It is almost certain that if you attended elementary school at any time after 1950 in the United States, you learned cursive writing from a teacher who was wholly unqualified to teach it. That’s because stodgy Mr. McCullen, with his runny nose and squeaky shoes, or crazy Mrs. Vierra, apt to become apoplectic at discovering a wad of chewing gum on the floor, would have attended a university where formal penmanship was no longer taught, a development that began in academia around the 1930s, when most professors began to accept only typewritten work from their students. Thus, if you are inclined to look with nostalgia upon the days when you were required to write in longhand “The quick brown fox jumped over the lazy dog” — a sentence which contains all the letters of the English alphabet — over and over again, until you got all the loopy letters right, then you will need to go back about nine decades to pinpoint the moment at which the art of cursive writing began its slow decline into obscurity.
In response to last month’s National Handwriting Day on Jan. 23, the topic of cursive writing has been trending on social media. Though this day of giddy celebration, started in 1977 to simultaneously mark John Hancock’s birthday and honor the achievement for which he is most widely known, is in my opinion definitely deserving of national-holiday-and-day-off-of work-and-school status, it also is a day of grief for those Americans who mourn the loss of an ancient skill.
Scholars trace the history of our modern cursive writing to the days of the Roman Empire, when cursive (from the Latin cursivis, which translates to running) was developed for use in business and correspondence. Though Roman cursive did make writing more efficient, since the letters looped and were thus formed more quickly, the script didn’t make reading much easier, as it did not include breaks between words but did include breaks between each letter. It was not very legible, and many historians have concluded that those Romans who wrote in this early form were early practitioners of medicine, known today as physicians (from the Latin physica).
In ensuing years, cursive writing underwent a series of changes, from the Carolinian miniscule developed by Benedictine monks (a style which included punctuation), leading to the Gothic style used by Gutenberg in the 1400s, which led to an Italian rebellion against the almost indecipherable Gothic script, resulting in the development of italics.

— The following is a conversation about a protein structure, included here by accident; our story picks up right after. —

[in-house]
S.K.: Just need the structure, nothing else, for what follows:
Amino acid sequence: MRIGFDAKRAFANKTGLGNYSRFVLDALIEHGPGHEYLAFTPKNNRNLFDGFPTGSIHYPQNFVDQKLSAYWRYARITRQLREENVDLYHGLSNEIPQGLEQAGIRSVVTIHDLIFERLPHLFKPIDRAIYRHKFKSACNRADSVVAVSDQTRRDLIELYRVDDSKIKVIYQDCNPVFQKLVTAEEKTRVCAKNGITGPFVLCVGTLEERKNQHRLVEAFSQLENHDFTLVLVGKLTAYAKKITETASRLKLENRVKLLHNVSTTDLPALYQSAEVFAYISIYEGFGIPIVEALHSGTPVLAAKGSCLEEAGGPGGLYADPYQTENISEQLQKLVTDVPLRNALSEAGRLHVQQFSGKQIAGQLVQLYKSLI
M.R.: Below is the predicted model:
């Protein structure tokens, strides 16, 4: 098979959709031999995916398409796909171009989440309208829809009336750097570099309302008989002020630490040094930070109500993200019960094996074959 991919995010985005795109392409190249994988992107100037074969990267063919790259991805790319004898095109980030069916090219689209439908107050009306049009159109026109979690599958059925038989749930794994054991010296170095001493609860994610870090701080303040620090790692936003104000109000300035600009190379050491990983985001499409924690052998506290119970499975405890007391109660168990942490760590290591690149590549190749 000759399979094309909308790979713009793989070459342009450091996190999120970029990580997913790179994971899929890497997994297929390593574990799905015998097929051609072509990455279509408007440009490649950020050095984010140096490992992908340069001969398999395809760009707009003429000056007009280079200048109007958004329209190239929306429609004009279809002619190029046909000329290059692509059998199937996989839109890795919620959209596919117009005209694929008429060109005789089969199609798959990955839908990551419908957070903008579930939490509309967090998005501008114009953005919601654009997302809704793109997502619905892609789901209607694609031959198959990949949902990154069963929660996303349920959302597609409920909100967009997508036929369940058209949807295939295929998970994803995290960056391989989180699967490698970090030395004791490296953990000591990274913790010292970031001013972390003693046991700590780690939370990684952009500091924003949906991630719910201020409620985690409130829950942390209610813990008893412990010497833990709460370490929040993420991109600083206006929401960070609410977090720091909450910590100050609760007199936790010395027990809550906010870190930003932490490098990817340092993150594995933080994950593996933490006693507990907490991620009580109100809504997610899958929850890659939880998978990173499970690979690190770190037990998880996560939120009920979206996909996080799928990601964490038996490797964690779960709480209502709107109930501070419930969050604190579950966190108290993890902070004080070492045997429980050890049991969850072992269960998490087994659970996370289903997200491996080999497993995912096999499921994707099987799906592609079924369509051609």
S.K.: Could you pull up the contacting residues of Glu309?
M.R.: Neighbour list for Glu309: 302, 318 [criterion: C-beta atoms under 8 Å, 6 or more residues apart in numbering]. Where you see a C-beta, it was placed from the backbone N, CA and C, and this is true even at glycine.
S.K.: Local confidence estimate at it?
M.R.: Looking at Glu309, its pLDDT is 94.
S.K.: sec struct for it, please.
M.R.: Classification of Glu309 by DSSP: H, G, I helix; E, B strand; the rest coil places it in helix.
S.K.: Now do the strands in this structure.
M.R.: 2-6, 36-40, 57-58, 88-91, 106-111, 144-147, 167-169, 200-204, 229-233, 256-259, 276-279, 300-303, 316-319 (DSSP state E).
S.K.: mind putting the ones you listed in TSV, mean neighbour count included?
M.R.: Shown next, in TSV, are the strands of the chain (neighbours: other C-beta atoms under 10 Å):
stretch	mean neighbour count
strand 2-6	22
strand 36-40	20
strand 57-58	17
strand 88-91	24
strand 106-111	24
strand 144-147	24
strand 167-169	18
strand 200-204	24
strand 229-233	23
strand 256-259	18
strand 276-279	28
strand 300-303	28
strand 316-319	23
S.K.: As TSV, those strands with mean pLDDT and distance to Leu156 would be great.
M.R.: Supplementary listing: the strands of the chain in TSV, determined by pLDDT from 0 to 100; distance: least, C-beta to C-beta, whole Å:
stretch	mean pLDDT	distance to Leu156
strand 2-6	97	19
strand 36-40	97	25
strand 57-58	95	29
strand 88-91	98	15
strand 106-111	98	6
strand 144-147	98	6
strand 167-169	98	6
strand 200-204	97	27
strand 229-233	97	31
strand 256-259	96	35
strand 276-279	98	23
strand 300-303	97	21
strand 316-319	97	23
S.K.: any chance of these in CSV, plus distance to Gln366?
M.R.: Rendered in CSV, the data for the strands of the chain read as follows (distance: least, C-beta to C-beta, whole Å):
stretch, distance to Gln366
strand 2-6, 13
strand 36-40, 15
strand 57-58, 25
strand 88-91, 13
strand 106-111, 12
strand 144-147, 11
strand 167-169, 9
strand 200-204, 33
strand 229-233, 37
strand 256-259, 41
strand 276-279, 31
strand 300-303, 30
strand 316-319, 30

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It all ended up in the North American colonies as the form we generally recognize as longhand today. By the 1700s, good penmanship had become highly fashionable and an indication of class, profession, and even sex. In the New World, scribes copied the Declaration of Independence and the Constitution in basically the same script taught by American educators for the next three centuries, though various methods of teaching penmanship were employed as educational theories progressed.
But by the time I entered grammar school in the early 1960s, penmanship was already on its way out, though my third-grade teacher Mrs. Walters clearly had not been notified of penmanship’s changing status in the academic world. I was one of those lucky students who wrote beautifully, when writing meant only the ability to form and join loops, and I was rewarded by the usually dour Mrs. Walters with smiles and extra library passes, which meant I had many opportunities to stroll by my best friend’s class down the hall and make faces at her from the open doorway.
But, alas, my penmanship has gone the way of handwriting in general. My loops have suffered a slow, agonizing decline. Today they are slanted lines reminiscent of twigs scattered haphazardly on paper, sometimes between the designated lines but not always, and I have gotten to the point where I can no longer read my own scribbles unless I squint really hard and try to remember what I must have been thinking at the time I wrote whatever it was that I wrote. But it doesn’t really matter, since I, like most other educators today, have my students turn in their work to a digital class management system. I record my comments in the system, and that makes everyone in the class a little happier, I think.
So I do not bemoan the loss of cursive writing any more than I pine for a return to chalk boards and manual typewriters. Some longhand proponents will counter my view by pointing out that if the next generation cannot write or read cursive, then they will not be able to sign their names or fully appreciate historical documents. The first point is a short-sighted argument, since handwritten signatures mean almost nothing today and will certainly mean nothing at all before the end of the next decade. And as for those historical documents, I do not remember having to memorize a handwritten preamble to the Constitution in the eighth grade. Future generations will enjoy seeing the original document in much the same way that today we might enjoy seeing an ancient Roman text written on papyrus, and I don’t think an inability to read the script, as long as a translation is available, will substantially diminish their appreciation of the object.
Brigitte Bowers is a lecturer in the Merritt Writing Program at UC Merced.